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GitHub Copilot Enterprise – March 2024 update

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It’s been a little over a month since GitHub Copilot Enterprise became generally available. Check out what’s new below!

Enhanced contextual understanding and more relevant suggestions in

Copilot Chat in now uses faster and smarter embedding models to power content retrieval, giving Copilot higher quality and more relevant context when searching code and knowledge bases.

Copilot Chat in now knows about the programming languages used in the repository you’re looking at: Copilot could sometimes give answers based on a programming language not used by your project. Copilot now knows what programming languages a repository uses, so it can give code examples more tailored to your context.

Faster help with understanding pull request changes

It’s now easier to ask Copilot about the changed files in a diff: From the files changed view, you can now pick the files you’re most interested in asking Copilot about.

GitHub Copilot in Pull Request files changed view

You can also now ask Copilot about specific lines in a diff more easily by clicking on the Copilot icon when you hover on a line of code.

GitHub Copilot icon when hovering on a line in a diff

Usability improvements

A big thank you to all of our customers for the great feedback you’ve been providing. We’ve made a whole bunch of small fixes, including:

You can now start typing your next question to Copilot while the current response is still generating: Previously you had to wait for Copilot’s message to complete generating before a follow-up question could be composed.

Keyboard up/down arrows can now be used to cycle through past messages: Perhaps you want to ask a similar question from earlier in the conversation history? Hitting the up key on your keyboard will now enable you to cycle through previous messages.

Copilot Chat in now has better support for Japanese and Chinese characters: Previously the message could be submitted to Copilot after the IME conversion selection but before the user was ready to send the message to Copilot.

Customers desire clear, relevant, and actionable insights about how Actions workflows are being used in their organization. Today, we are thrilled to announce that Actions Usage Metrics is available in public beta for GitHub Enterprise Cloud plans.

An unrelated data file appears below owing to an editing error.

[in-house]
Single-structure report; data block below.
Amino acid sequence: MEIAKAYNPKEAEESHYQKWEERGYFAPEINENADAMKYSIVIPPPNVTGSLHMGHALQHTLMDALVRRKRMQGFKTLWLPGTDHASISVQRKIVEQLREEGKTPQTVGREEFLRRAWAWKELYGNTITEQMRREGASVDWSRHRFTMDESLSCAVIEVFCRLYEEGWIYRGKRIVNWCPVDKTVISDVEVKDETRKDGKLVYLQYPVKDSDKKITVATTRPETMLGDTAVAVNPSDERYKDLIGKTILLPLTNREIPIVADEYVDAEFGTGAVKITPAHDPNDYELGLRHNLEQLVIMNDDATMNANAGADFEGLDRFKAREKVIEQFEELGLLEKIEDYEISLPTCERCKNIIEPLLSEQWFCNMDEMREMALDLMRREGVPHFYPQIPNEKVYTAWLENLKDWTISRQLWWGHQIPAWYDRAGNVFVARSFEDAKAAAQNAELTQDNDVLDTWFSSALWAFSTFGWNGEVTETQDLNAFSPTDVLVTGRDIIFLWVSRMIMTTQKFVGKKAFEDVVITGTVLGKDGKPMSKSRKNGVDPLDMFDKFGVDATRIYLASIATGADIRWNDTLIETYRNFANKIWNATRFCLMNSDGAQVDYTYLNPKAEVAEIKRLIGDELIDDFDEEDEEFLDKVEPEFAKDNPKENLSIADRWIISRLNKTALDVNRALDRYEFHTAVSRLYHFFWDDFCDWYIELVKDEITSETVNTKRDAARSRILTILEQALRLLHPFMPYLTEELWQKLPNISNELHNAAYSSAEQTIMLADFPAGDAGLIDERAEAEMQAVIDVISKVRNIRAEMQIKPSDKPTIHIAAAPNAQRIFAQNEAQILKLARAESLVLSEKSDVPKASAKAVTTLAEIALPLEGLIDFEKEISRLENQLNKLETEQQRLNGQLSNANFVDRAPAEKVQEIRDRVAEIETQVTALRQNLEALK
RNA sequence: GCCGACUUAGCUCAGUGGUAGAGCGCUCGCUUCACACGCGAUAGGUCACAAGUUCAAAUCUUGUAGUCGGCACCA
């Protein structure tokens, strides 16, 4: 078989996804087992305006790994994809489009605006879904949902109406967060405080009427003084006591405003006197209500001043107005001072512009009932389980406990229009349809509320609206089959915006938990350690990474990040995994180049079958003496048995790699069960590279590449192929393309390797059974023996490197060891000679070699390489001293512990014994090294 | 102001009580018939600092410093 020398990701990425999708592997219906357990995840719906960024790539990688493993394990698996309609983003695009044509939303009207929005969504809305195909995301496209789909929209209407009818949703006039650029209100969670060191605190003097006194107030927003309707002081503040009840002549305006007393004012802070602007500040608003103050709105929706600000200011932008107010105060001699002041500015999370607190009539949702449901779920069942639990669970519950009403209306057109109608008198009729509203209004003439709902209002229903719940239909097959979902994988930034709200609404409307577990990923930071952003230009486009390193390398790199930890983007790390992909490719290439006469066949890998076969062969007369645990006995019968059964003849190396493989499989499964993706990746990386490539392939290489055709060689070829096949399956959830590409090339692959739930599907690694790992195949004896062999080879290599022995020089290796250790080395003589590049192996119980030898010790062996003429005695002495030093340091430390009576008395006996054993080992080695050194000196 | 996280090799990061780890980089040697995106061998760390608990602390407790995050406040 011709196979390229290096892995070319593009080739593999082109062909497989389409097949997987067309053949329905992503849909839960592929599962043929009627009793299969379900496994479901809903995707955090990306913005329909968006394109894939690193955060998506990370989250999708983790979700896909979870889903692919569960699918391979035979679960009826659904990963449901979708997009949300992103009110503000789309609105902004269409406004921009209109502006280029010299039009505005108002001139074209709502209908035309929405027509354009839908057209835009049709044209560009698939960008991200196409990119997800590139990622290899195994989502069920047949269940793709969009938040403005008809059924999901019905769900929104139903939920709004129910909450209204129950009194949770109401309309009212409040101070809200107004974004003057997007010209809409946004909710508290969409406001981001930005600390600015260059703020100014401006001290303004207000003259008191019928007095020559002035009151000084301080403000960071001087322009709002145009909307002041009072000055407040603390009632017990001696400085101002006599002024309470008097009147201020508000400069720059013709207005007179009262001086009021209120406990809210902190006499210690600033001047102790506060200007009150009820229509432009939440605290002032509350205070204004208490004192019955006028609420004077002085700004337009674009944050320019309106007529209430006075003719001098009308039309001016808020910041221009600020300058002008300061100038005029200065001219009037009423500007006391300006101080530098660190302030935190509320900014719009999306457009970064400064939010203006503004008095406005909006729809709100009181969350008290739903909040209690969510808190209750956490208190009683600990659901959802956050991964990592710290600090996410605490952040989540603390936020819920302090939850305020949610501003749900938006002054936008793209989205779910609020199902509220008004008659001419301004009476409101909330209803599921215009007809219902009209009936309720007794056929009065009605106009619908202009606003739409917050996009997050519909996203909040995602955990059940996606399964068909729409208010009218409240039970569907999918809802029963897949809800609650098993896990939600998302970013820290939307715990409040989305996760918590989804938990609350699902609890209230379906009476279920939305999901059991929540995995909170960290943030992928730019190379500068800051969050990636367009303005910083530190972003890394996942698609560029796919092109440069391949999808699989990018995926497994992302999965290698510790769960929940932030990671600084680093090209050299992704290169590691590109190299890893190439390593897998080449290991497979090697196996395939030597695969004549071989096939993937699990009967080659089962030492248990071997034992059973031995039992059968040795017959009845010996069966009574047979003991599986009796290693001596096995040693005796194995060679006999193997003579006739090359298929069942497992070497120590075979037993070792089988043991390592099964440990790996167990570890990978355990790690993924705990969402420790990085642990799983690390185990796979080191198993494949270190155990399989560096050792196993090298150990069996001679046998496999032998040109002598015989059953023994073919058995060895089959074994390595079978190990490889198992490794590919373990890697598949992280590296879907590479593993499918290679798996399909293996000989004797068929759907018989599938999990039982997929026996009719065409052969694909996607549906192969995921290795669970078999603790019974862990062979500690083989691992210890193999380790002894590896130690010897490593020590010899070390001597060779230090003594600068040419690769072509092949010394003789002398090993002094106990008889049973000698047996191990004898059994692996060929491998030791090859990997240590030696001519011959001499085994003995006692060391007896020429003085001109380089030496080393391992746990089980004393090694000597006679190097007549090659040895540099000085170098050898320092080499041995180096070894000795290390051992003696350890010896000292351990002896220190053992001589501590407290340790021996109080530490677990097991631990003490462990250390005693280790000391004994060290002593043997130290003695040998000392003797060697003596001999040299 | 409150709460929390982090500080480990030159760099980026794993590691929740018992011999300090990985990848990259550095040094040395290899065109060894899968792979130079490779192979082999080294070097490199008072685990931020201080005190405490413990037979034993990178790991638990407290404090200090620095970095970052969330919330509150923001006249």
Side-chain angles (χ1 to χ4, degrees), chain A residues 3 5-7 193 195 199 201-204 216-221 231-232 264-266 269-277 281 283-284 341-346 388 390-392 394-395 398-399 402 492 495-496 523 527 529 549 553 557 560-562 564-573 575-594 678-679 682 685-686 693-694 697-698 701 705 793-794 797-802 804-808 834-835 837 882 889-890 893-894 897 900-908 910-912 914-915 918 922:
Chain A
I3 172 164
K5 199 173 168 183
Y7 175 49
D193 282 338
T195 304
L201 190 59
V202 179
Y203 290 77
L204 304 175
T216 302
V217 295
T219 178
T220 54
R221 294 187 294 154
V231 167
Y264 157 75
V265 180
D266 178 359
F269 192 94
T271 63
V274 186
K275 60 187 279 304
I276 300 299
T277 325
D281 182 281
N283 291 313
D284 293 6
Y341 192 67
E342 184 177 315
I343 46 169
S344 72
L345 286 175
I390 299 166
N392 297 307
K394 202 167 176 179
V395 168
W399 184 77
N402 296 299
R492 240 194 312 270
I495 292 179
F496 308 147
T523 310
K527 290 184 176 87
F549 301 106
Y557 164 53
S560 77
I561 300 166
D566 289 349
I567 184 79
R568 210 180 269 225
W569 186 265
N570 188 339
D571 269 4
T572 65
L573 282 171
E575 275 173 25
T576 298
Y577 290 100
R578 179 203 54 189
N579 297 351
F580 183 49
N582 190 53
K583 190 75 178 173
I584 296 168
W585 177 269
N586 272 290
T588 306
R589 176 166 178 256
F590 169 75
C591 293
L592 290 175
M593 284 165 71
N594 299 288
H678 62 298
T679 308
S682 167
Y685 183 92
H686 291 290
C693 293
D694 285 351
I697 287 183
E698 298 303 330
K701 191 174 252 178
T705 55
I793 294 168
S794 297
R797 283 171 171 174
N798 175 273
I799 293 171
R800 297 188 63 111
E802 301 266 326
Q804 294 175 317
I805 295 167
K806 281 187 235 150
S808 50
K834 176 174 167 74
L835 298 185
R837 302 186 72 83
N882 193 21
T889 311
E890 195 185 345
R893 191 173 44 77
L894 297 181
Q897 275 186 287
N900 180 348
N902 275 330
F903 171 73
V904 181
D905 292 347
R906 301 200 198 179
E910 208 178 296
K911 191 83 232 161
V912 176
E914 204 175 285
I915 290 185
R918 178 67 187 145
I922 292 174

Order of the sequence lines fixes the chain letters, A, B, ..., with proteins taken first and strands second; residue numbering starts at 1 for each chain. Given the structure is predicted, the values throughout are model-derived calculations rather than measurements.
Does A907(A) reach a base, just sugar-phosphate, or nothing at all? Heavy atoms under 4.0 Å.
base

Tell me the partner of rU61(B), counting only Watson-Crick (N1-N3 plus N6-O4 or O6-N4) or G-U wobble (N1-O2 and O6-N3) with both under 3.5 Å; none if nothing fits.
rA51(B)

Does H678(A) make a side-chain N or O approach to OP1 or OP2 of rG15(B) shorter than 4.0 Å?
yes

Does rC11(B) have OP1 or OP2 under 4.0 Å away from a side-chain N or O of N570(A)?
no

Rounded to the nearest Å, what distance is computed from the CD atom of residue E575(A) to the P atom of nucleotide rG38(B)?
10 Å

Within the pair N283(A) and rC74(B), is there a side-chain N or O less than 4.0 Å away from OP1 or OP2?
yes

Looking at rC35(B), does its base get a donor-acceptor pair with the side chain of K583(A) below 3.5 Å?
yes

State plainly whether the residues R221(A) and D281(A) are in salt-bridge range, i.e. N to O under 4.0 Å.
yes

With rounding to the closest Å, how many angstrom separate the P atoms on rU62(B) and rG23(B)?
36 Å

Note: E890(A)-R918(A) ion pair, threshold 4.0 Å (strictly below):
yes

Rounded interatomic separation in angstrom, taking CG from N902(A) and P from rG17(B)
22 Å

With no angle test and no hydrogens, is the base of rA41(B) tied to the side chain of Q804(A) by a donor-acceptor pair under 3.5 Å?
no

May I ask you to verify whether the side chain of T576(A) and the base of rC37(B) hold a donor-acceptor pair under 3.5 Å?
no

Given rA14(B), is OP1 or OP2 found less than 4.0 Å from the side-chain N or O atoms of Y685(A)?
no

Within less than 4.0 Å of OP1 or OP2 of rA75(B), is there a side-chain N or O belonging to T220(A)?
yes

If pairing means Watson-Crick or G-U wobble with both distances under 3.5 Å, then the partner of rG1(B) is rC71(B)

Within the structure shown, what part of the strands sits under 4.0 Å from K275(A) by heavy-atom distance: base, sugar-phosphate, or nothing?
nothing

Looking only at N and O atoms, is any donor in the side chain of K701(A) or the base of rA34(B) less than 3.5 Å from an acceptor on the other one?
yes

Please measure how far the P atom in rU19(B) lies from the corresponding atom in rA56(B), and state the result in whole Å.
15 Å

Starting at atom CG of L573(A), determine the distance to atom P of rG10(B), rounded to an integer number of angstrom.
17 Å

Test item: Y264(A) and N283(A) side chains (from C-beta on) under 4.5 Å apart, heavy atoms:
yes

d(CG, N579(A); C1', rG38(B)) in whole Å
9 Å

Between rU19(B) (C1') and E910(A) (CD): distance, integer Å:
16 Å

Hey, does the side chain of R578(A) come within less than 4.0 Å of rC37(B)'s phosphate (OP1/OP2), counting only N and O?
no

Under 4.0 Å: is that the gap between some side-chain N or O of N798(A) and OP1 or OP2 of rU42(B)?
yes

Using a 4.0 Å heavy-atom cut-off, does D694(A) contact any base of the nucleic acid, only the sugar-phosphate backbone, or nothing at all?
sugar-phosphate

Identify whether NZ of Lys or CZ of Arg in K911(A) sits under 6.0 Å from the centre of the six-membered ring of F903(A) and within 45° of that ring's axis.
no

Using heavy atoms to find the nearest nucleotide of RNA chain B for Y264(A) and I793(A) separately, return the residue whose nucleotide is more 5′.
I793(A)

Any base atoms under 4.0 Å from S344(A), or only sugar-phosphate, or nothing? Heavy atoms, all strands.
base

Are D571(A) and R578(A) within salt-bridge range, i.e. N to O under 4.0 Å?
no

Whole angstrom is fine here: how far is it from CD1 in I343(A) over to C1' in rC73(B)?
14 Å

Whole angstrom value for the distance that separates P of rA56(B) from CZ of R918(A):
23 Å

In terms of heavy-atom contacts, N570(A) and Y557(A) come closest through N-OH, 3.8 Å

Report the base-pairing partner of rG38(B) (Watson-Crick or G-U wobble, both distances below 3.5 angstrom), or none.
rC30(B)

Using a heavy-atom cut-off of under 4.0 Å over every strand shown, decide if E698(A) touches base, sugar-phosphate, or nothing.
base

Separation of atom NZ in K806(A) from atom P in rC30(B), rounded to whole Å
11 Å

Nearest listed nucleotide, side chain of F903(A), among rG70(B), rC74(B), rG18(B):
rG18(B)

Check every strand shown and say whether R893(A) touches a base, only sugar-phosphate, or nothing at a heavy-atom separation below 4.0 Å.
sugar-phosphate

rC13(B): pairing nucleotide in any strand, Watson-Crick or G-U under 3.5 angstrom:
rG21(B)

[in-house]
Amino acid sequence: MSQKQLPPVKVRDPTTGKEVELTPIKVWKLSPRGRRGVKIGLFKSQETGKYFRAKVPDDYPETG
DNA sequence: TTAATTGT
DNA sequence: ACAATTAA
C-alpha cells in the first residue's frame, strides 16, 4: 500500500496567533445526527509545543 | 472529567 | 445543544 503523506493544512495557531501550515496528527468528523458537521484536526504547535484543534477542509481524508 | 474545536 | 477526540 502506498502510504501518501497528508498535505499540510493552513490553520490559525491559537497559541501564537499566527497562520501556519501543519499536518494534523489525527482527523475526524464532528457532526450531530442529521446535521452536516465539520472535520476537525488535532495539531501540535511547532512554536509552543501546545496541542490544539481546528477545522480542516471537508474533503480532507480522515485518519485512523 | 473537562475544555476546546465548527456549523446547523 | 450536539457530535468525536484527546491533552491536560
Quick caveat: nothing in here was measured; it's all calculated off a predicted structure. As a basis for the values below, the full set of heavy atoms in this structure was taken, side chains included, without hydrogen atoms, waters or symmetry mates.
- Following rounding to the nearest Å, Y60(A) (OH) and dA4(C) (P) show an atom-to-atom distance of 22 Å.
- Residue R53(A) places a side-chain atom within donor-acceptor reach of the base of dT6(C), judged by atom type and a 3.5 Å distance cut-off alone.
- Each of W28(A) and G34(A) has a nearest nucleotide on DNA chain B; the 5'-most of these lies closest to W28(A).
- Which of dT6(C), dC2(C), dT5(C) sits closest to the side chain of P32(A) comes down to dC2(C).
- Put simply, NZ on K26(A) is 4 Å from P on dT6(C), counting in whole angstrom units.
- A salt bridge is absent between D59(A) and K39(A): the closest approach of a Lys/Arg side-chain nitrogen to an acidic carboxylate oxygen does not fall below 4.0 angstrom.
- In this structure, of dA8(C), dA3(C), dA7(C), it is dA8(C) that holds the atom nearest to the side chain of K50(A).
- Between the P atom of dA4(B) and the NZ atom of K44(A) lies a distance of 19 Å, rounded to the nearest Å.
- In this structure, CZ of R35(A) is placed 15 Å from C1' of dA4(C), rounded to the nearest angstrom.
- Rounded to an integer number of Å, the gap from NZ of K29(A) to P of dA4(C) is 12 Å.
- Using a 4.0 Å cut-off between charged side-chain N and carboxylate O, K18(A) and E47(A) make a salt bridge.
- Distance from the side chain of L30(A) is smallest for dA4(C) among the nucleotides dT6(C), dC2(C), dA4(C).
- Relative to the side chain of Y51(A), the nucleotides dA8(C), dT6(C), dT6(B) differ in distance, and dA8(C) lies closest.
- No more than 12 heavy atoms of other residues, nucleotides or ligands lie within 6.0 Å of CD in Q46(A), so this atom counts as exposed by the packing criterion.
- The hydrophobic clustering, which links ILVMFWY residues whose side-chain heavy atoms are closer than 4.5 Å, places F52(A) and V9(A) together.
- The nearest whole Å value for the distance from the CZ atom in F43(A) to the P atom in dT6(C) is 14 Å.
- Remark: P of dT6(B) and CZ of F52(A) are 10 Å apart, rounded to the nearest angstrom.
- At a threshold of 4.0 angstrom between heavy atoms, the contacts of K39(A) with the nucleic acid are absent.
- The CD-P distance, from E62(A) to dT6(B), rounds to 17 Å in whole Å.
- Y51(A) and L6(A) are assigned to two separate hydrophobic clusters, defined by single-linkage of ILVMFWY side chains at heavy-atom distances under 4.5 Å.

Actions Usage Metrics screenshot

Time is the most important metric for DevOps and DevEx teams. The question they want answered is, “where are all my minutes going?” Actions Usage Metrics addresses this question and others by focusing on minutes used per workflow, job, repository, runtime OS, and runner type. This data helps organizations locate areas of improvement in their software delivery lifecycle, saving time and money.

Customers can filter data by any combination of workflows, jobs, repositories, runtime OS, and runner type to view total minutes, number of jobs, workflow executions, and more. All usage metrics, filtered or not, can be downloaded as a .csv file to use with your tool of choice.

By default, organization owners can access Actions Usage Metrics. However, access permissions can be granted to other members or teams using Actions fine-grained permissions. This ensures the right level of access to Actions Usage Metrics data, enabling informed decisions and improvements.

To learn more about Actions Usage Metrics, check out our docs or head to our community discussion.

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Dependabot grouped security updates are now generally available. This feature automatically groups Dependabot pull requests, lets you specify several additional options to fine tune your groupings.

You can enable grouped security updates for Dependabot at the repository or organization-level. To enable this feature, go to your repository or organization settings page, then go to the Code security and analysis tab, and click “Enable” for grouped security updates (this also requires each affected repository to enable Dependency graph, Dependabot alerts, and Dependabot security updates). When you enable this feature, Dependabot will collect all available security updates in a repository and attempt to open one pull request with all of them, per ecosystem, across directories.

If you would like more granular control over Dependabot’s grouping, you can also configure the dependabot.yml file in a repository to group by any of the following:

  • Package name
  • Dependency type (production vs development)
  • Semver update level (patch, minor, major)

For additional information, check out the Dependabot configuration file documentation.

For GitHub Enterprise Server users, grouped security updates will be available in Version 3.14.

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